Tuesday, October 25, 2011
OCCUPY WALL STREET PROTESTORS = THE YES MEN
Wow. That felt good. I know you’re not used to saying “no,” so say it with me.: NOOOOOOOOOOOOO.
Felt good didn’t it? Like a long lost friend. Makes me wonder how we forgot this word in the first place.
I was reminded of the word “no” when I was watching the coverage of the Occupy Wall Street movement. What a crowd. Most way too young to even understand what they are chanting. Reminded me of the anti-war movement of the 60s, except these folks are protesting not having jobs instead of having to go to war.
When asked what they are protesting, the Occupy Wall Street protesters simply state that big business is no good. Big business cheats, steals, lies, colludes (great word), conspires, and generally screws the little people (but not in a good way). The protesters want good jobs, good pay, great benefits, and no or few taxes.
And they want it given to them NOW.
I just have one word for that: No.
It just doesn’t work that way. It never has. NEVER. Things that are given are never valued. That’s why buffets are never fully appreciated. There are too many options, and the options get taken advantage of and underappreciated, so we all end up weighing 400 pounds.
It occurs to me that always being “yes men” is how we found our way into this mess. We have forgotten to say “no,” and we expect a buffet of options to be presented to us at all times. In fact, it has become a favorite pastime of this great nation to sue if we ever hear the word “no”. (I’ve used it 12 times now and am expecting at least 300 lawsuits.)
I confess that I don’t say “no” enough. I don’t always say it to my kids. I don’t always say it to the television. I don’t always say it to donuts.
The truth is that Wall Street hasn’t said “no” enough. A few more “no’s” would have averted the Wall Street collapse. “No’s” would have prevented people from making ill-suited home purchases, which would have lessened the real estate collapse.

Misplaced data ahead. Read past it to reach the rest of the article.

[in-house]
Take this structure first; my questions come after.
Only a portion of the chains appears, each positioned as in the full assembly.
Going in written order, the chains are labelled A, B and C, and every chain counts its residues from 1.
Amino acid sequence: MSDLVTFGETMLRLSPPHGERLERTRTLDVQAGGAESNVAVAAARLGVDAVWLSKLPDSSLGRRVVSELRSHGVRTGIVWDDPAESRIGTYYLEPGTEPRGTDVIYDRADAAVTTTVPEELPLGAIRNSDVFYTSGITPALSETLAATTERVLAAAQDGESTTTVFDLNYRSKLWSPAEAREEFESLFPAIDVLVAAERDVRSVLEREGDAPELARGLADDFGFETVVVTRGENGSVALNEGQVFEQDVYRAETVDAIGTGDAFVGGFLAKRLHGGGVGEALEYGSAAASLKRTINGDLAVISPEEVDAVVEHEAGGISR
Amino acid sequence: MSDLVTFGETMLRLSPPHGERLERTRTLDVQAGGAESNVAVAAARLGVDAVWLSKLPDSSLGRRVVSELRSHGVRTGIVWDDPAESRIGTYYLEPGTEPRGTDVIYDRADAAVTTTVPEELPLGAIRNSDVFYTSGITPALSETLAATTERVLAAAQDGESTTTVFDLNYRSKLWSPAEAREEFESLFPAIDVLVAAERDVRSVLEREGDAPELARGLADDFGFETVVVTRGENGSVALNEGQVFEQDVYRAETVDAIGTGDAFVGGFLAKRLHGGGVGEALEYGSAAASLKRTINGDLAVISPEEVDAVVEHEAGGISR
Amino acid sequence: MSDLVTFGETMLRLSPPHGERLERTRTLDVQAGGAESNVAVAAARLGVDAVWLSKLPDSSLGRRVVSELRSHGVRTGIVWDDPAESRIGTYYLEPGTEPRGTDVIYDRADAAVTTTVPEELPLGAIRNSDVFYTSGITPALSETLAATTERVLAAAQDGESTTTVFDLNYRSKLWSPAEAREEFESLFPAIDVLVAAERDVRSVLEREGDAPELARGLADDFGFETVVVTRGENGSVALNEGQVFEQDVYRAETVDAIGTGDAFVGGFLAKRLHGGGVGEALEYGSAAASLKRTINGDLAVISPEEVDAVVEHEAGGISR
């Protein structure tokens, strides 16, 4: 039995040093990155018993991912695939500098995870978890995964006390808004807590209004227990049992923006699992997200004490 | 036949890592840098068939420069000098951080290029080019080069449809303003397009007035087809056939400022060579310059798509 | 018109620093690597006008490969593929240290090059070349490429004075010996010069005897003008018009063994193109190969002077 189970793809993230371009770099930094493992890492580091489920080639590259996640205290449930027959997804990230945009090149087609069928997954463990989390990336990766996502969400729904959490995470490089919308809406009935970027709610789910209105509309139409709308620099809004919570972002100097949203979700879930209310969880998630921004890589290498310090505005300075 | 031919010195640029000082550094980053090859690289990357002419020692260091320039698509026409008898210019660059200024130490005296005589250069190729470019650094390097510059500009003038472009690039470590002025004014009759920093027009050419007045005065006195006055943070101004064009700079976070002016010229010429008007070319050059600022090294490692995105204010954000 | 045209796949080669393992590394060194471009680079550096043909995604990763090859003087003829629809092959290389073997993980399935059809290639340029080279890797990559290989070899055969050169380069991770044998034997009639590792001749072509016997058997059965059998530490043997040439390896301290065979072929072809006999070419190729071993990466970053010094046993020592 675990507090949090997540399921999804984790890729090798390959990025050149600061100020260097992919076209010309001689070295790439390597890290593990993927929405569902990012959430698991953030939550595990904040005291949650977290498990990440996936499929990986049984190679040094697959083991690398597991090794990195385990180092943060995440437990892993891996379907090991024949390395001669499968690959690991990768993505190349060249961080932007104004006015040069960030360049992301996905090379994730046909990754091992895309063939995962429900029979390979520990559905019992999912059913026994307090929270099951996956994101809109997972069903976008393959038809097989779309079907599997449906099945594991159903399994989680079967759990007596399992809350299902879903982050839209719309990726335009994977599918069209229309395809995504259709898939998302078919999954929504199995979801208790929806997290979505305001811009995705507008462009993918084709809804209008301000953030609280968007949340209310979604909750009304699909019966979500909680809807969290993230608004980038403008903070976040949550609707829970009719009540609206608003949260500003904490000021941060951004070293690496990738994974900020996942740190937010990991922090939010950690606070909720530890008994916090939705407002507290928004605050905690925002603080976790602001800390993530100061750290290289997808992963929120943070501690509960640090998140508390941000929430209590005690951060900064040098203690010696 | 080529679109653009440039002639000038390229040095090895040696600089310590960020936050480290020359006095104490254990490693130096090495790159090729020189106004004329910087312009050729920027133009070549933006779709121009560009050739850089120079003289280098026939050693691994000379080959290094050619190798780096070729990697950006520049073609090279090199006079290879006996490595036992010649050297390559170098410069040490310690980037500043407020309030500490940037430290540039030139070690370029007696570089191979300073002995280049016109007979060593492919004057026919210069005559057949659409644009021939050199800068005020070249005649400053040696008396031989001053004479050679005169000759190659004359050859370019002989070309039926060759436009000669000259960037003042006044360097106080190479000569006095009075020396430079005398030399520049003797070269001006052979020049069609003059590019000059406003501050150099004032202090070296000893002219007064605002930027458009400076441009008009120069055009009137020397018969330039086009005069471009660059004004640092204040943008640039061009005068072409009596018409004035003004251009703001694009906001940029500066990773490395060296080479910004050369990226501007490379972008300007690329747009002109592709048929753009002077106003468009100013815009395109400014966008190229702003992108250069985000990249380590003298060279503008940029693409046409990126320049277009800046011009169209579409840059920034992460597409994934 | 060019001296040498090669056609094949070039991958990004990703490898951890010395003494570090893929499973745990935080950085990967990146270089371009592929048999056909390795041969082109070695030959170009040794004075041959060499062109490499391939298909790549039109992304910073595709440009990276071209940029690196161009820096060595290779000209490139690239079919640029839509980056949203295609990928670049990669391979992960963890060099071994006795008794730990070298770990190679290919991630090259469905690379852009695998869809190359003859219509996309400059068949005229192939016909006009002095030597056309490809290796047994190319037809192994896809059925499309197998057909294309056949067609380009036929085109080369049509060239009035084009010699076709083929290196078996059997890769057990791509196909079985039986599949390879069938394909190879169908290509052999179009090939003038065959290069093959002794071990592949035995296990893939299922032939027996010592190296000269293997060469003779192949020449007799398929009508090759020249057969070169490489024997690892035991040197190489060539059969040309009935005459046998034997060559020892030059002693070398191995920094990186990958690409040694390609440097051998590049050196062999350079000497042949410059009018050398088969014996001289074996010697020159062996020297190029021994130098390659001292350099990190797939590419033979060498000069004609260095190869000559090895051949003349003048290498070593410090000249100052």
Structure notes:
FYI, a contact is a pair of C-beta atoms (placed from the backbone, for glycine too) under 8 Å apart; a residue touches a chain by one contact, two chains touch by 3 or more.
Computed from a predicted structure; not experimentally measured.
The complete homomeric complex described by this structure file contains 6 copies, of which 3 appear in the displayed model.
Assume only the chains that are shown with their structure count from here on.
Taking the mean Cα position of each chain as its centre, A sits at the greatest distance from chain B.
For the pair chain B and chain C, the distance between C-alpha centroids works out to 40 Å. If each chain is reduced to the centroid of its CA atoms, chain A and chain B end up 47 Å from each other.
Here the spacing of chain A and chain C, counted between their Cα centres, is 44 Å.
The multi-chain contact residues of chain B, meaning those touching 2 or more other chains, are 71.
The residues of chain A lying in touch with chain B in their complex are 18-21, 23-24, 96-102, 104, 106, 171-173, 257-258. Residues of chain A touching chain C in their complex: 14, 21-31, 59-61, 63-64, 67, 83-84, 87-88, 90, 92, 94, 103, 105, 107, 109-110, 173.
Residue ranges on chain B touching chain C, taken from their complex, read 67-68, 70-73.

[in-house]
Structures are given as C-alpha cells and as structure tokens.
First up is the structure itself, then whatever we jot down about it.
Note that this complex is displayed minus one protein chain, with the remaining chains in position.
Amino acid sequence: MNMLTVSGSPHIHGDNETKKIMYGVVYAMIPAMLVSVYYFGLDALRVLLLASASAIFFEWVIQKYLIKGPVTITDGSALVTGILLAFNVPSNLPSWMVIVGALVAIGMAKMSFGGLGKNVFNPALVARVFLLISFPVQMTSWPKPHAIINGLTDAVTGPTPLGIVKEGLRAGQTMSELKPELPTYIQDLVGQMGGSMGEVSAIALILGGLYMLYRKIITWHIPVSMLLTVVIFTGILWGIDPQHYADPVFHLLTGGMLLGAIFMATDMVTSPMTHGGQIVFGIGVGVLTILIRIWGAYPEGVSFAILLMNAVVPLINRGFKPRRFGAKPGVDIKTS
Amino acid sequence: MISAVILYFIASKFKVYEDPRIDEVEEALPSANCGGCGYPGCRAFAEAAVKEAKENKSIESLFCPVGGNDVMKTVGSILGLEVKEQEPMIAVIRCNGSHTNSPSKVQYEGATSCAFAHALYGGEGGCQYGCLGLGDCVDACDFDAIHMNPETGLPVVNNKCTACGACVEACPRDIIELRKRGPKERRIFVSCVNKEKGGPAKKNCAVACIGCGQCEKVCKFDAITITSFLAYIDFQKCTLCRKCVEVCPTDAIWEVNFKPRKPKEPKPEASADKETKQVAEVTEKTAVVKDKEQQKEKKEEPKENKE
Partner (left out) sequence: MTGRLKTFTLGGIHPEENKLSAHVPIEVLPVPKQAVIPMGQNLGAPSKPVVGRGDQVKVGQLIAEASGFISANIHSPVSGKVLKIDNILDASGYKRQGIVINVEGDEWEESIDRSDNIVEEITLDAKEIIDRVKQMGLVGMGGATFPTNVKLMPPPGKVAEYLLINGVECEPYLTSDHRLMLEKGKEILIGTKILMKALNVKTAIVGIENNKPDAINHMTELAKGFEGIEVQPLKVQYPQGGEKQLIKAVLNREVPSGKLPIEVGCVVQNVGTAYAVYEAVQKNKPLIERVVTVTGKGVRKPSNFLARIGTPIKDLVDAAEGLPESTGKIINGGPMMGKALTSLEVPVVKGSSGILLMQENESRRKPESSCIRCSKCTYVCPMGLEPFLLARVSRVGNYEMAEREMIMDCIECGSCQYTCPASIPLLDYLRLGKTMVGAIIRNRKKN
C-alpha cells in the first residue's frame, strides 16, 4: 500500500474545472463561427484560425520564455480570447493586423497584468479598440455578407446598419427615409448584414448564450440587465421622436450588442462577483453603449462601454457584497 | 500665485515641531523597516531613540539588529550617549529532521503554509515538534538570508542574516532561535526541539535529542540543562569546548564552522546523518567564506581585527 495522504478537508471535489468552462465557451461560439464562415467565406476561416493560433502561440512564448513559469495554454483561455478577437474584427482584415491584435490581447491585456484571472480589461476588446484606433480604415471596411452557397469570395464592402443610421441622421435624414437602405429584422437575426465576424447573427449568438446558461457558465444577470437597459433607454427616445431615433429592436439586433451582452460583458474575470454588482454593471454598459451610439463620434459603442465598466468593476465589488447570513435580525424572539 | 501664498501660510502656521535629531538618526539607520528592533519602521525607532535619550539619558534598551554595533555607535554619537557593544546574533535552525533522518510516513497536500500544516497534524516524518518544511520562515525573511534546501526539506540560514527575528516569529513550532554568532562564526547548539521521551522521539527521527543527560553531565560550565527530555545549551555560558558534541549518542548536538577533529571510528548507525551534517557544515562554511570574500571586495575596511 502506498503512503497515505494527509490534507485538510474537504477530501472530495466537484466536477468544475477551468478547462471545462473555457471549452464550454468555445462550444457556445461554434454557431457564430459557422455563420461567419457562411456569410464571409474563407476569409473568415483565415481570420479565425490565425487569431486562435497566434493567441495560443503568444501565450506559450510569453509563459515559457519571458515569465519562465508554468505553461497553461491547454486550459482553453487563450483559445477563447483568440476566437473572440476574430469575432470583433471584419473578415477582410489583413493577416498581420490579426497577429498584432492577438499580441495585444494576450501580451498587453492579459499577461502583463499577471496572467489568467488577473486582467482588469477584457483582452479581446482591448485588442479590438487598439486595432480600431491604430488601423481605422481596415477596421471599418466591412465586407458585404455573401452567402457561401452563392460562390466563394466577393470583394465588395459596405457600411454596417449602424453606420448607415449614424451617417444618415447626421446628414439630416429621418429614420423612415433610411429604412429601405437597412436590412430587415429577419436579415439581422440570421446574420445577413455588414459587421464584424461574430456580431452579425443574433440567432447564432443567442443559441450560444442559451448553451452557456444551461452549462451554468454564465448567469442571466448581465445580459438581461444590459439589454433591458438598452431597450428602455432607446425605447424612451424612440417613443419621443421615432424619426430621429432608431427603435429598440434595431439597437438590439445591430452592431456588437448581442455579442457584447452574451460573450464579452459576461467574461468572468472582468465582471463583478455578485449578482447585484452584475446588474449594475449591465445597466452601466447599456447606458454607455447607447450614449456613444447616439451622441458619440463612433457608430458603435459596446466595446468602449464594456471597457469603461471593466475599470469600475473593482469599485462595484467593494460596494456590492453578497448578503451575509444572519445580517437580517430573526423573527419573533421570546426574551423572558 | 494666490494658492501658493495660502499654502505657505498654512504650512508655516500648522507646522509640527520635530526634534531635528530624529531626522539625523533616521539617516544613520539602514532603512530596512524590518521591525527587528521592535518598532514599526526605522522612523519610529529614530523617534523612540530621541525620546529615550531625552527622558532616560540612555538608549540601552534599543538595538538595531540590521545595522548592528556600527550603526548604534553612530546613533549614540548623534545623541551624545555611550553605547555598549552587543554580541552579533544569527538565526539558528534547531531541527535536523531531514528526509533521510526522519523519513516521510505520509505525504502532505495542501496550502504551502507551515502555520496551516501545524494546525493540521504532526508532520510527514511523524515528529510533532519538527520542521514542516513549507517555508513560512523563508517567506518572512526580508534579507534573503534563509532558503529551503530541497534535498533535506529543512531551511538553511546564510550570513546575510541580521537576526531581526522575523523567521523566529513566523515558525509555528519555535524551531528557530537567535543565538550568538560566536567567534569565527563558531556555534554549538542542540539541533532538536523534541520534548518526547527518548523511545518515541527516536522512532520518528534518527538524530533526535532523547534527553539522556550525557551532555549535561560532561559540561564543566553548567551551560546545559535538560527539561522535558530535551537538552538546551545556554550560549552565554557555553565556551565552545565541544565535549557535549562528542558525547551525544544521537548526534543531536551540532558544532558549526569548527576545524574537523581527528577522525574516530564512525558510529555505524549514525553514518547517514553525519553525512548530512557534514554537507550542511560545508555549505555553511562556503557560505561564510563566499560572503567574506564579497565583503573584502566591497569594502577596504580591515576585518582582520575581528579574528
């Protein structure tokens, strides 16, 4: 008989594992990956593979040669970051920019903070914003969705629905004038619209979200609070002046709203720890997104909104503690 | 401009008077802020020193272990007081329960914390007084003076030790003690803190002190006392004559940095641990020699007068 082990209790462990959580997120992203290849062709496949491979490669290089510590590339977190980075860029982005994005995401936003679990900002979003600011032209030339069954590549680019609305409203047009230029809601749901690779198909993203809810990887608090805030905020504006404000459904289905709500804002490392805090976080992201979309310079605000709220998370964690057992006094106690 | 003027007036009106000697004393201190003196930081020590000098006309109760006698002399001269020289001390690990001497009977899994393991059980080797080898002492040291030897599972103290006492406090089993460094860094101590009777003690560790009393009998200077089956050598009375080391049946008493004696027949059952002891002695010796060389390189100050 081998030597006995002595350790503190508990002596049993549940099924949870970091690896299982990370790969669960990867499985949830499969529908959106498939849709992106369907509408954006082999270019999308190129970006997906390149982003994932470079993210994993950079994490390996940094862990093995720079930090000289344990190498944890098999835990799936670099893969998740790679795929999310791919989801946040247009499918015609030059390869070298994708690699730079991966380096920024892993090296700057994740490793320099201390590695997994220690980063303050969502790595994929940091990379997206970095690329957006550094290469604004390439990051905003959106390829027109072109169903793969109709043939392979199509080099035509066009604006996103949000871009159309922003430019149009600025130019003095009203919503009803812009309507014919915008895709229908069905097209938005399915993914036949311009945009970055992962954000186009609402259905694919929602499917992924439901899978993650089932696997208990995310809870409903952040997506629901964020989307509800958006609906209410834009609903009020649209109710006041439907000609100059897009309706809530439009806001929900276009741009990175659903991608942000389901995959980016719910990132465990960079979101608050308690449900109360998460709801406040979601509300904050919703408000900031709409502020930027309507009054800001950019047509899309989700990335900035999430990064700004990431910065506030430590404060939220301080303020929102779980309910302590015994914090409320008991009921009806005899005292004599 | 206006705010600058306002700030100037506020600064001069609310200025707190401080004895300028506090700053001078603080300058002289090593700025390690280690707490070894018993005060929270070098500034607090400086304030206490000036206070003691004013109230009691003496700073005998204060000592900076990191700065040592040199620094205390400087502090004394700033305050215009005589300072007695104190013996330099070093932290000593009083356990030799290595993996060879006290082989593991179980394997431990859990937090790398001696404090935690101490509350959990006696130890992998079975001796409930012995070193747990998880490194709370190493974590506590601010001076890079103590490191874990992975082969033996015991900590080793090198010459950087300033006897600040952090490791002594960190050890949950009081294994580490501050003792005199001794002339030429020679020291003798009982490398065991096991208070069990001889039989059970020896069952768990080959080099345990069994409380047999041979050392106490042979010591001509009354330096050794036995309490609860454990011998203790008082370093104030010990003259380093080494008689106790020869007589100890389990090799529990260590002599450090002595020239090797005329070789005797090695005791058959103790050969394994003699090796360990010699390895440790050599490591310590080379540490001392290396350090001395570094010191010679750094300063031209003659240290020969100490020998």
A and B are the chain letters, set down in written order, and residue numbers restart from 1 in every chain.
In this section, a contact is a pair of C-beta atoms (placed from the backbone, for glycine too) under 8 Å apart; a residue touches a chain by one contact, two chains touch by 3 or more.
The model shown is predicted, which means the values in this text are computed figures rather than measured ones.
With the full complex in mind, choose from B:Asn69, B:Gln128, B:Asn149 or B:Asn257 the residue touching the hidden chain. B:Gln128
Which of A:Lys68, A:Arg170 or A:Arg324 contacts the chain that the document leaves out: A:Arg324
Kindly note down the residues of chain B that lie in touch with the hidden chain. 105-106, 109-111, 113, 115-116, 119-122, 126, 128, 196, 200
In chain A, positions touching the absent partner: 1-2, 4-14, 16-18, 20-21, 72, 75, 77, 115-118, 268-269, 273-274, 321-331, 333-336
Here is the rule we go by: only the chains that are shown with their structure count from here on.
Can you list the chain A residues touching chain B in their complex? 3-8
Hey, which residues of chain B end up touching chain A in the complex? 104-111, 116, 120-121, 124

“No” keeps us safe, sane, and realistic.
Only in our most recent generations did anyone “expect” a great job with great pay and great benefits. I recall listening to some grad students telling each other that they expected to earn $70,000 just out of school. I heard this and my jaw dropped open. What happened to walking both ways, up hill, barefoot in snow? These grads had no experience and they were worth that money?
Not a chance, but they got it anyway because we live in a “yes” world.
Here’s the deal, if you never hear the word “no,” it’s impossible to demonstrate a commitment to anything. Nothing important happens without some degree of striving. For big thinkers and doers “no” is a test word. Can you get to where you want to go in spite of the “no’s” you hear in everyday life? If the word “no” stops you in your tracks, you just might not want it bad enough. If the answer is always “yes,” why even ask the question?
(Take a second. I know I just dropped a bomb of knowledge on you that will take you awhile to recover from.)
“Yes” stifles innovation and risk. “Yes” promotes the status quo. “No” begets creativity.
Maybe I’m wrong about all of this. Disagree with me please! JUST SAY NO!
Today’s Challenge: Make a list of things in your past that you should have said “no” to instead of “yes”—“no’s” that would have made your life better. Be honest now!
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